Left: this is Water Lane, which lay under the Thames until the 1270s, when Edward I pushed back the river and extended the Tower, building a new curtain wall. Ahead on the left is Wakefield Tower (the round building) and Bloody Tower; ahead on the right, St Thomas's Tower and Traitors' Gate.
Right: the Byward Tower, which was behind me when I took the photo of Water Lane. It contains wall paintings dating from the reign of Richard II at the end of the fourteenth century, but isn't open to the public. You can see some of the paintings here and here.
Another shot of the Traitors' Gate and St Thomas's Tower. The timber-work dates from 1533, during a renovation of the Tower for Queen Anne Boleyn's coronation.
The White Tower, oldest part of the Tower, built by William the Conqueror. In the background on the left is the building which houses the Crown Jewels. In the foreground on the left you can see the remains of the old wall of the Inmost Ward, built by Henry III. According to the guidebook, these remains were covered over by later buildings and only discovered thanks to bomb damage to the Tower during World War Two.
Next photo: taken from the same spot as the last one, with the White Tower on the right and the remains of the Inmost Ward and some of the famous Tower ravens in the foreground. The low building behind the trees is the chapel of St Peter ad Vincula, with Tower Green in front and the Beauchamp Tower on the left.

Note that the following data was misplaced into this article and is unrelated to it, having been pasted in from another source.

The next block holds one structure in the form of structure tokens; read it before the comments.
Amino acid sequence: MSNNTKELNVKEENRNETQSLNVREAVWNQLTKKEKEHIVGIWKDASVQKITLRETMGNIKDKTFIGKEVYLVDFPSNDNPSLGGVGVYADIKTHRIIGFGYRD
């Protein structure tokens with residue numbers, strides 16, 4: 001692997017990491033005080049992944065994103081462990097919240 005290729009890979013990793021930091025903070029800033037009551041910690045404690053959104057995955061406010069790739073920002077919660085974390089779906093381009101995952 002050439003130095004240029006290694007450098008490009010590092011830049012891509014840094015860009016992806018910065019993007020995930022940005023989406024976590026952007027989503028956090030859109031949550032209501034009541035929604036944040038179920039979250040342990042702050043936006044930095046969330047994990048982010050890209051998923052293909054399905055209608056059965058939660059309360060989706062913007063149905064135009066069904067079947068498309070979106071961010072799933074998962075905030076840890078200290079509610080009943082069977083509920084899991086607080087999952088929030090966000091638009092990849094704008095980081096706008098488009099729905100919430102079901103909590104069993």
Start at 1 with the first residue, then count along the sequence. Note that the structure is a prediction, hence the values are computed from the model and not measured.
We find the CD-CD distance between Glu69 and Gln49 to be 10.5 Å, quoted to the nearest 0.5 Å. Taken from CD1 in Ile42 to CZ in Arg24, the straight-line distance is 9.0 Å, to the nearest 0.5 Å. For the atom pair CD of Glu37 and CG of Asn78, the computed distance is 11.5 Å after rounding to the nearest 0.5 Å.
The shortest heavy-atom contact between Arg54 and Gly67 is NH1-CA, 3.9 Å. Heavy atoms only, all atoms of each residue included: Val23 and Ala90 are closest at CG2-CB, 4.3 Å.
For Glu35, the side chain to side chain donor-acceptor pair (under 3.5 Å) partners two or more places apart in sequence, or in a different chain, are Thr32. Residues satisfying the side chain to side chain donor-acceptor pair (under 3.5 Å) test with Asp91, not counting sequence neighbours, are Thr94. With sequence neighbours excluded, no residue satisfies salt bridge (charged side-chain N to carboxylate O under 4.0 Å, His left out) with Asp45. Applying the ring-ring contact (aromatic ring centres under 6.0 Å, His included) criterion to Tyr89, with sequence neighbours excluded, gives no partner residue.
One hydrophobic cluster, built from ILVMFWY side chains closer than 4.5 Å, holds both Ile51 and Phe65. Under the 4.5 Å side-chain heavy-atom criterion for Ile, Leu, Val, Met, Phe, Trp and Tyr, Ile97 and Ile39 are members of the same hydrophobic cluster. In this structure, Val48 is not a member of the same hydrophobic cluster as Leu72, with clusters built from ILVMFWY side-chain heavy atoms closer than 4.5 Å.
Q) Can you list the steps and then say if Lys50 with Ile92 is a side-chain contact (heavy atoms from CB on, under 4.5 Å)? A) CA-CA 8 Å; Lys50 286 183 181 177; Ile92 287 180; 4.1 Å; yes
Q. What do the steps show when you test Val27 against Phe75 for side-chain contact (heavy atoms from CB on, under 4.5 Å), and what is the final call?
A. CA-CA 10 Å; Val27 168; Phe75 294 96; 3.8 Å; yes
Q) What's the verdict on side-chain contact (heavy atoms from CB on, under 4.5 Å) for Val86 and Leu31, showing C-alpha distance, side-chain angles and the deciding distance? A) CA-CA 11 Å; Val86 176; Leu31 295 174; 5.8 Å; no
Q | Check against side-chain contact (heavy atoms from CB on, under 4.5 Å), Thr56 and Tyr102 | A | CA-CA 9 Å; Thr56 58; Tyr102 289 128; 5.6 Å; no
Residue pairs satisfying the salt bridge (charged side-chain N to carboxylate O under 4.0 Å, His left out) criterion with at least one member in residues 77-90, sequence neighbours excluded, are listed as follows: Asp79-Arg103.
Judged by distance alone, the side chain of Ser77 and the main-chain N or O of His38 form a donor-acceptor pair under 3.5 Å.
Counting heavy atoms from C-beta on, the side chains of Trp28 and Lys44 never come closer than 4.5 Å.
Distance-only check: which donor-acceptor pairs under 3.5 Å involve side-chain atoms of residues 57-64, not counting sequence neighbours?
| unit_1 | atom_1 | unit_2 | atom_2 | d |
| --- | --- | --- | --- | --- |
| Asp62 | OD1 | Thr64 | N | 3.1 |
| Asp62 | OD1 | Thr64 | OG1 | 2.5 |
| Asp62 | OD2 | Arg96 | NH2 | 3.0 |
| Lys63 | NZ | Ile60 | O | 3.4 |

Photo taken out of a window in the Lanthorn Tower (you can see bird droppings on it, which I didn't notice when I took the pic!) of Cradle Tower, built by Edward III as his private watergate.
There's a lot of graffitti in the Salt Tower - built c. 1240 - carved in the walls by men imprisoned there in the sixteenth century. Sadly the pics haven't come out well at all, and you can see me reflected in the protective glass in one of them.
Some medieval pottery:
The archway of Bloody Tower, vaulted by Edward III at the beginning of the 1360s.
Below, the castle moat.
Photo taken from the (modern) entrance to the Tower of London, with Middle Tower on the right and Byward Tower in the, umm, middle, with Water Lane just past Byward. Both were built by Edward I.
Staircase in the White Tower, where two bodies discovered in 1674 were assumed to be those of the Princes in the Tower. The sign says "The tradition of the Tower has always pointed out this as the stair under which the bones of Edward the 5th and his brother were found in Charles the 2nd's time and from whence they were removed to Westminster Abbey."
Display in Bloody Tower, where you can cast your vote for 'What really happened to the Princes in the Tower?' Options, left to right: murdered on the orders of Henry VII, murdered on the orders of Richard III, not murdered but disappeared. Richard III is currently a nose ahead of 'not murdered'.
Drawings of how the Tower of London might have appeared in the thirteenth century, in the reigns of Henry III and Edward I.
I haven't mentioned Edward II at all in this post, have I? Unlike his father and son, he didn't do any major building work at the Tower, though he did spend a lot of time here in the last year or two of his reign. He was here on 24 February 1325, when he paid Thomelyn Sautriour a pound for playing the psalter before him in his chamber, probably in the Lanthorn Tower.